Fiona Martin

Associate Professor, Solicitor of the Supreme Court of New South Wales (non-practising), Federal Court and High Court of Australia

School of Taxation & Business Law - PhD (UNSW), LLM (Hons) (USyd), LLB (Hons) (UTS), CTA, The Tax Institute


​​​​Fiona is an internationally recognised expert on taxation issues relating to charities and not-for-profits. She has published extensively in this area and on income tax issues relating to indigenous Australians who receive mining payments, the goods and services tax and taxation issues relating to real estate. Her doctoral research was awarded the International Fiscal Association research prize and the CCH/ATTA Doctoral Series Award. Her other areas of research include international human rights and legal education and she has published many scholarly articles in these areas.  She has been the recipient of several University teaching awards including the QUT Vice-Chancellors Award for University Teaching. ​

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About Fiona

Fiona Martin commenced working as an academic after several years as a lawyer both with the government (including the Attorney-General's Department) and in private practice.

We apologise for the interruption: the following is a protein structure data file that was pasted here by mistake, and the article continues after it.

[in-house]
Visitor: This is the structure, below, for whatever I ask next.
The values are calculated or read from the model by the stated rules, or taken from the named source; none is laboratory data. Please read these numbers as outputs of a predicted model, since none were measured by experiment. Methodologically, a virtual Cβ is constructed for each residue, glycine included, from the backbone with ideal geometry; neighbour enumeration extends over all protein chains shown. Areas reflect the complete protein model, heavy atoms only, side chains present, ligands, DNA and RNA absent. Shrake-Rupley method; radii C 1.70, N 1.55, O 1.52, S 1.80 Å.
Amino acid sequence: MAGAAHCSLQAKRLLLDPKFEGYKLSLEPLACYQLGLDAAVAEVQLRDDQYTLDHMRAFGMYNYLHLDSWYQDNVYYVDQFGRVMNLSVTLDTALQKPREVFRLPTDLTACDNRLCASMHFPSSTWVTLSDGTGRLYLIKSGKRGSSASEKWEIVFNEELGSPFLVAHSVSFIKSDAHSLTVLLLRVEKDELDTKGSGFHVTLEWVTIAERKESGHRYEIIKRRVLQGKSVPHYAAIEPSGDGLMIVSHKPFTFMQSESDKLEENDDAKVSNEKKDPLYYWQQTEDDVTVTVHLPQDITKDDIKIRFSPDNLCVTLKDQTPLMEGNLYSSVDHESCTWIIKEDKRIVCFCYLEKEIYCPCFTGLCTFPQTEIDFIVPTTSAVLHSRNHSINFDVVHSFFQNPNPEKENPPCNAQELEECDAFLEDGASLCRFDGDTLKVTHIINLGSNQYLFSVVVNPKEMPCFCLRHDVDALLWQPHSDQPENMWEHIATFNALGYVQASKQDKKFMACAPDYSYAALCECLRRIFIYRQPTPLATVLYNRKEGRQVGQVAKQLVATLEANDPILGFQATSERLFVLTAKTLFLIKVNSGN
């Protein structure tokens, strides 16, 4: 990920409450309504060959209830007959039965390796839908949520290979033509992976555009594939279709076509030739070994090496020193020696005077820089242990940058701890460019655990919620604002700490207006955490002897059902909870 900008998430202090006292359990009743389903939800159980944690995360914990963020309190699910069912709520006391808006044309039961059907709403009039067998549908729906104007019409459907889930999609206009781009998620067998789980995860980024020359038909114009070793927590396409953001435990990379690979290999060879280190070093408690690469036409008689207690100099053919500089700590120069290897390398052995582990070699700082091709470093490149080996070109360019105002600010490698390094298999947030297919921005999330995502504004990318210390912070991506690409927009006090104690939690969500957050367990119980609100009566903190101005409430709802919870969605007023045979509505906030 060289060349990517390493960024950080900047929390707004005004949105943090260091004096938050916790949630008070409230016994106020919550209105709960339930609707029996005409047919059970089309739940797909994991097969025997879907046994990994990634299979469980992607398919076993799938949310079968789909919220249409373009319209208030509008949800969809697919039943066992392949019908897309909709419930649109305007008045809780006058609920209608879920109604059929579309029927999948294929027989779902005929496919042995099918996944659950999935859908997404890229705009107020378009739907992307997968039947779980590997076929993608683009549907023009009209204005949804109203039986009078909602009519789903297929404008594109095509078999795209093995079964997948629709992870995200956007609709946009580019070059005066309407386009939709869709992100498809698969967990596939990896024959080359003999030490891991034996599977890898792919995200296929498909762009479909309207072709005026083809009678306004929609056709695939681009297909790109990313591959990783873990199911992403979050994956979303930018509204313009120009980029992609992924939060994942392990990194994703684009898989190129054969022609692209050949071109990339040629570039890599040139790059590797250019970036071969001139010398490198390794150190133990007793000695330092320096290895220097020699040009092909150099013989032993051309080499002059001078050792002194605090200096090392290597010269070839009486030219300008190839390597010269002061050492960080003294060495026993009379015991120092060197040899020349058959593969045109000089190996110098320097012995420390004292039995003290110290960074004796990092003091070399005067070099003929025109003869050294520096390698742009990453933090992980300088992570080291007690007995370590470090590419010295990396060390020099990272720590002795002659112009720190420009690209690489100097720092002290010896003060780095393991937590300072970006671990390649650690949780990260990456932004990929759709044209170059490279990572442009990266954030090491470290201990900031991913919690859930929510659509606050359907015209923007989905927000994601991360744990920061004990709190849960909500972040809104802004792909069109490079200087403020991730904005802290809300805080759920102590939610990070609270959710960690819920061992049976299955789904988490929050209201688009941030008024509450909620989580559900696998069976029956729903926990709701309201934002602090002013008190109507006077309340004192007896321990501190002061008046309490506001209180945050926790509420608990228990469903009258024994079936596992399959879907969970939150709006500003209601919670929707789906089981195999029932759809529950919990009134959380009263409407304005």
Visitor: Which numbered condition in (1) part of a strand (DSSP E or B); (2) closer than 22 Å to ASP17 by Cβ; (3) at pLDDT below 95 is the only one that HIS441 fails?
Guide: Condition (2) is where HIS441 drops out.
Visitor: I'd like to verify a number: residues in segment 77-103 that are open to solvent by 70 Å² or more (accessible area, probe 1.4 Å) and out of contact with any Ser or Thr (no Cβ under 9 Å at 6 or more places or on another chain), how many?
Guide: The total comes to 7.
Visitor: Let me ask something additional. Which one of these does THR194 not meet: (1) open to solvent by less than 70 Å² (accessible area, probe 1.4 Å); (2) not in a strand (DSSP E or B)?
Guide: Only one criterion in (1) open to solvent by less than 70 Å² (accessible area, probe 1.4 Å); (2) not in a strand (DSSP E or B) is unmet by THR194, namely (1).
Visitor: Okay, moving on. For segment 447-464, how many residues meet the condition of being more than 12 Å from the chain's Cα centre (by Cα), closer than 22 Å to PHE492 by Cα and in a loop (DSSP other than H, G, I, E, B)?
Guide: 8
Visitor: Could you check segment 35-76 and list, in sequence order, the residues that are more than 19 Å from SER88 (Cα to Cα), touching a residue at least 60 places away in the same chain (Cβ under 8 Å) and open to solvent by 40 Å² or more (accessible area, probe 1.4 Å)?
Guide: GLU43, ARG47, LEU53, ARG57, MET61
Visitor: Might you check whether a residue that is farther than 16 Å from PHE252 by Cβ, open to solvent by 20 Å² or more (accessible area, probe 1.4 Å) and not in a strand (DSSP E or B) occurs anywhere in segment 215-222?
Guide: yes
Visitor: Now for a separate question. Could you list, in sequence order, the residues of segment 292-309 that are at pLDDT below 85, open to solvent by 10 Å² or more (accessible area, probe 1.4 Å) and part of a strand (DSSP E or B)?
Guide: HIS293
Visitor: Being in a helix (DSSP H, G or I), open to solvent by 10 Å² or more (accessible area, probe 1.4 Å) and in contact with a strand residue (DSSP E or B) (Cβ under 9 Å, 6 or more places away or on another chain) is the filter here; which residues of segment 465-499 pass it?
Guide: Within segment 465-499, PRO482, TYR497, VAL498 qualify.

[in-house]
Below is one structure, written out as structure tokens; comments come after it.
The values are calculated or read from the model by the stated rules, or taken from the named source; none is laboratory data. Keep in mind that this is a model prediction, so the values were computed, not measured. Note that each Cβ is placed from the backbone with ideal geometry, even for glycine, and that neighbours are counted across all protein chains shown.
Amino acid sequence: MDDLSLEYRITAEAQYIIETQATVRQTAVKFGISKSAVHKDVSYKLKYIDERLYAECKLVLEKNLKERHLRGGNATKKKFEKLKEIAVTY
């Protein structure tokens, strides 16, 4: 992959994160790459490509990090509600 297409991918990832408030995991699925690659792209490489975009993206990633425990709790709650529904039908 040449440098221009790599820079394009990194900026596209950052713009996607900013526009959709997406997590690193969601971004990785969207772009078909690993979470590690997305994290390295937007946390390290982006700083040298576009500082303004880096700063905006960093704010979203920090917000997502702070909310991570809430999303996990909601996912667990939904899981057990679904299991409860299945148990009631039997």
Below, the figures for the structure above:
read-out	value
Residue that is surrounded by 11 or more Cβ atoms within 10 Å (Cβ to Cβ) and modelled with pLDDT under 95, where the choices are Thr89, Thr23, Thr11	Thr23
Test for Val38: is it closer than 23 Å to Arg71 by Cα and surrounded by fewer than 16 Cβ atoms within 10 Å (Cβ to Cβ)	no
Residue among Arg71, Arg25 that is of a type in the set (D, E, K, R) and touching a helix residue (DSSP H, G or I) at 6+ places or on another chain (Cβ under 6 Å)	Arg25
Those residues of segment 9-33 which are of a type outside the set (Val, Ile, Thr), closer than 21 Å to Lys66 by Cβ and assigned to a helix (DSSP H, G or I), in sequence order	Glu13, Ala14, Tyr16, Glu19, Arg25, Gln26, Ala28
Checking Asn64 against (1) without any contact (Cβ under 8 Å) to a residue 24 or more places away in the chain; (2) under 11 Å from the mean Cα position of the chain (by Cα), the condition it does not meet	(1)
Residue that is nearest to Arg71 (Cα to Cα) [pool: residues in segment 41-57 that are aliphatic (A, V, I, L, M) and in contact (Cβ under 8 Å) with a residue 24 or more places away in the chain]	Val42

Her expertise and research are in the taxation law area and in particular how it relates to charities and interacts with issues relating to human rights and traditional land owners. Fiona has published many articles in highly regarded international and local refereed journals on such issues as whether or not Australian should have a charities commission, taxation of indigenous charities and the inequity of the mining withholding tax. She has presented at many conferences on issues relating to taxation concessions applying to charities, the application of the GST particularly as it relates to charities and income tax and property development generally. She has also published a number of book chapters and a textbook in the revenue law area.

Dr Martin’s PhD analyses the income tax implications of mining payments to traditional Australian land owners. It has been awarded the CCH/ATTA prize for doctoral research and was published as a book by CCH in 2014.​​